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A Heart-To-Heart About Cardiovascular Health with Chiva-Som

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Heart disease, or cardiovascular disease, is the leading cause of death in the world. It accounts for approximately a third of global deaths – that’s nearly 20 million people per year.

Fortunately, cardiovascular disease is highly preventable. While some risk factors cannot be changed, like genetic susceptibility or age, others certainly can by adopting a healthy diet, increasing physical activity, and managing stress.

What is cardiovascular disease?

Cardiovascular disease is an umbrella term that refers to a class of diseases of the heart and blood vessels. They can be quite insidious and ultimately manifest as heart attacks, strokes, arrhythmias, or aneurysms.

Often, when an artery gets clogged or damaged, it results in reduced blood flow and reduced oxygen to certain organs. If an artery in the heart is blocked, it can cause a heart attack; if this happens in the brain, it can lead to a stroke.

Modifiable risk factors for cardiovascular disease include poor diet habits, smoking, a lack of physical activity, and high stress.

How to reduce the risk of cardiovascular disease?

When it comes to reducing the risk of heart disease, the factors listed above are the main areas to focus on. It basically comes down to lifestyle habits. The food you eat either contributes to the formation of plaque within blood vessels or contributes to healthy blood vessels. How much physical activity you engage in either contributes to the strength of your heart muscles or to the increase in your blood pressure. In all cases, we have the ability to choose our habits.

Health habits to adopt 

Eat well: Enjoy a diet that is rich in whole foods. A combination of fruits, vegetables, nuts, and seeds should be a staple in everyone’s diet. Equally important is the avoidance of refined sugar, processed foods, and trans fats. Refined sugar and processed foods increase blood glucose, which not only drives inflammation but also increases insulin, and high insulin is a major precursor to heart disease. Trans-fats contribute to the pool of bad fats in the body; this is the kind of fat that sticks to blood vessels and increases bad cholesterol and oxidative stress.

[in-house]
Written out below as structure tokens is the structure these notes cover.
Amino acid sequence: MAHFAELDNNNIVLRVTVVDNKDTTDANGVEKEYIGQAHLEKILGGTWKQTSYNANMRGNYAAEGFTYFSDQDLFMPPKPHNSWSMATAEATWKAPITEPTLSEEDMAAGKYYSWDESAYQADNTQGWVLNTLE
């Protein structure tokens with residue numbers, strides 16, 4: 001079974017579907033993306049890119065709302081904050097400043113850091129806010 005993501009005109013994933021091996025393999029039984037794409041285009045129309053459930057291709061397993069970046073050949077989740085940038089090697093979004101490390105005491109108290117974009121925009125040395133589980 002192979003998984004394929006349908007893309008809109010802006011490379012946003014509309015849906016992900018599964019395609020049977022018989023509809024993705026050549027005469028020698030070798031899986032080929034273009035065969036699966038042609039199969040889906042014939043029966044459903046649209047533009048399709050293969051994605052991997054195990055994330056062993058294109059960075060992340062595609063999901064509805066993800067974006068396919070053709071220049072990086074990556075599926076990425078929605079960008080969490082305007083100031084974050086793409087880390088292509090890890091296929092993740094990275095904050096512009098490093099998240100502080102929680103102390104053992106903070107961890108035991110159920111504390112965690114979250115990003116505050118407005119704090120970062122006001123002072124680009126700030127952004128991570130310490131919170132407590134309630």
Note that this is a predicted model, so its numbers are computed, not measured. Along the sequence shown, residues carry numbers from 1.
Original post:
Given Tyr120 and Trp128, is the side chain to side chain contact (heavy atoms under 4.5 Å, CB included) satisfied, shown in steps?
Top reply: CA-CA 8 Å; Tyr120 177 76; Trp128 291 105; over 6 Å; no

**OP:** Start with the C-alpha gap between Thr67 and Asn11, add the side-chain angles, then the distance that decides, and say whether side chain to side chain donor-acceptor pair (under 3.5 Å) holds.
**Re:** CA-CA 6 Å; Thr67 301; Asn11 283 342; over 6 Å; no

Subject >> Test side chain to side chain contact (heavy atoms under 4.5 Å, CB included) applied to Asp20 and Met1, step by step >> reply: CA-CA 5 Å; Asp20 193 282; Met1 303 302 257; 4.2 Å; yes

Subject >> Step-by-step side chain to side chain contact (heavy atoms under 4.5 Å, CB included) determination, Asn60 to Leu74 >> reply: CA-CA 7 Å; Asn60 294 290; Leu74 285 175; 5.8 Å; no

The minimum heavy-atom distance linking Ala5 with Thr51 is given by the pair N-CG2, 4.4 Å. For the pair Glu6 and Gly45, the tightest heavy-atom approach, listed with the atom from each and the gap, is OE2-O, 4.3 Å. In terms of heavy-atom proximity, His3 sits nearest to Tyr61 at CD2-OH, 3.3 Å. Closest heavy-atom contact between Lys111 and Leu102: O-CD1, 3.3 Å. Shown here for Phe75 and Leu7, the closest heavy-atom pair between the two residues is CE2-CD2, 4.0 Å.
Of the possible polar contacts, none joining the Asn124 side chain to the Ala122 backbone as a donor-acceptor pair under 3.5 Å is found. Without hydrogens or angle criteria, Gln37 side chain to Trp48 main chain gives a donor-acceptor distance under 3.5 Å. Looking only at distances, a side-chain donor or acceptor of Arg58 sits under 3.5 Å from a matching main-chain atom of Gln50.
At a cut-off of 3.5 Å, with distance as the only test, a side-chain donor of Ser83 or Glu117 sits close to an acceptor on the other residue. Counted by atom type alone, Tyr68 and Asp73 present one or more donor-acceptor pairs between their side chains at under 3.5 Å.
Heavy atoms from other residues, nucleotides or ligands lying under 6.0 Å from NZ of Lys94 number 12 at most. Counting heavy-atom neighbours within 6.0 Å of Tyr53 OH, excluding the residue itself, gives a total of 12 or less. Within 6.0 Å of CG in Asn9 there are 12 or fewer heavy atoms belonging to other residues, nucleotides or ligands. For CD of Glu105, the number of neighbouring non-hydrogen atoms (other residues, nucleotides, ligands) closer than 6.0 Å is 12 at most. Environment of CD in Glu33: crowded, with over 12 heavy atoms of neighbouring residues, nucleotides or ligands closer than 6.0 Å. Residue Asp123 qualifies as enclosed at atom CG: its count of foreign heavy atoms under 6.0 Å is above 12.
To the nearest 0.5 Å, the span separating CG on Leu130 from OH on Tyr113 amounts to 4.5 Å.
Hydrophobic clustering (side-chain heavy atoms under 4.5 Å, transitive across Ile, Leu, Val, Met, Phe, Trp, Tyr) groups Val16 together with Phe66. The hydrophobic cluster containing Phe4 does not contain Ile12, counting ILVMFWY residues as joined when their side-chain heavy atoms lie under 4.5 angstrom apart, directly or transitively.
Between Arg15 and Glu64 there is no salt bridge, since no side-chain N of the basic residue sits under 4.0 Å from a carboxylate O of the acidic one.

Exercise: Give your heart a workout. While physical activity may look slightly different for each of us, 30 minutes of moderate exercise five days a week is recommended. This could mean taking a brisk walk, swimming, or cycling. Having 25 minutes of high-intensity exercise three times a week can also work; this would involve going for a run or doing HIIT. The goal is to get your heart beating and your blood flowing.

Manage stress effectively: Stress in the body triggers the fight-or-flight response. The hormones released in this process contribute to increased blood pressure and blood glucose, which put the body at risk of cardiovascular disease. We tend to further raise the risk through unhealthy stress management techniques like comfort eating, smoking, and drinking. Learning to manage stress in a healthy way can actively reduce the risk of heart disease. Deep breathing decreases stress while increasing nitric acid, a substance that protects the blood vessels. Journalling and meditating are additional ways to keep stress at a minimum.

Conclusion

Finally, regular screening is an important part of reducing the risk of cardiovascular disease. Monitoring your blood pressure, cholesterol, and insulin levels allows you to make changes to your daily habits when necessary or begin medication if the need arises. Remember that the risk of cardiovascular disease can be reduced with a healthy, balanced lifestyle.

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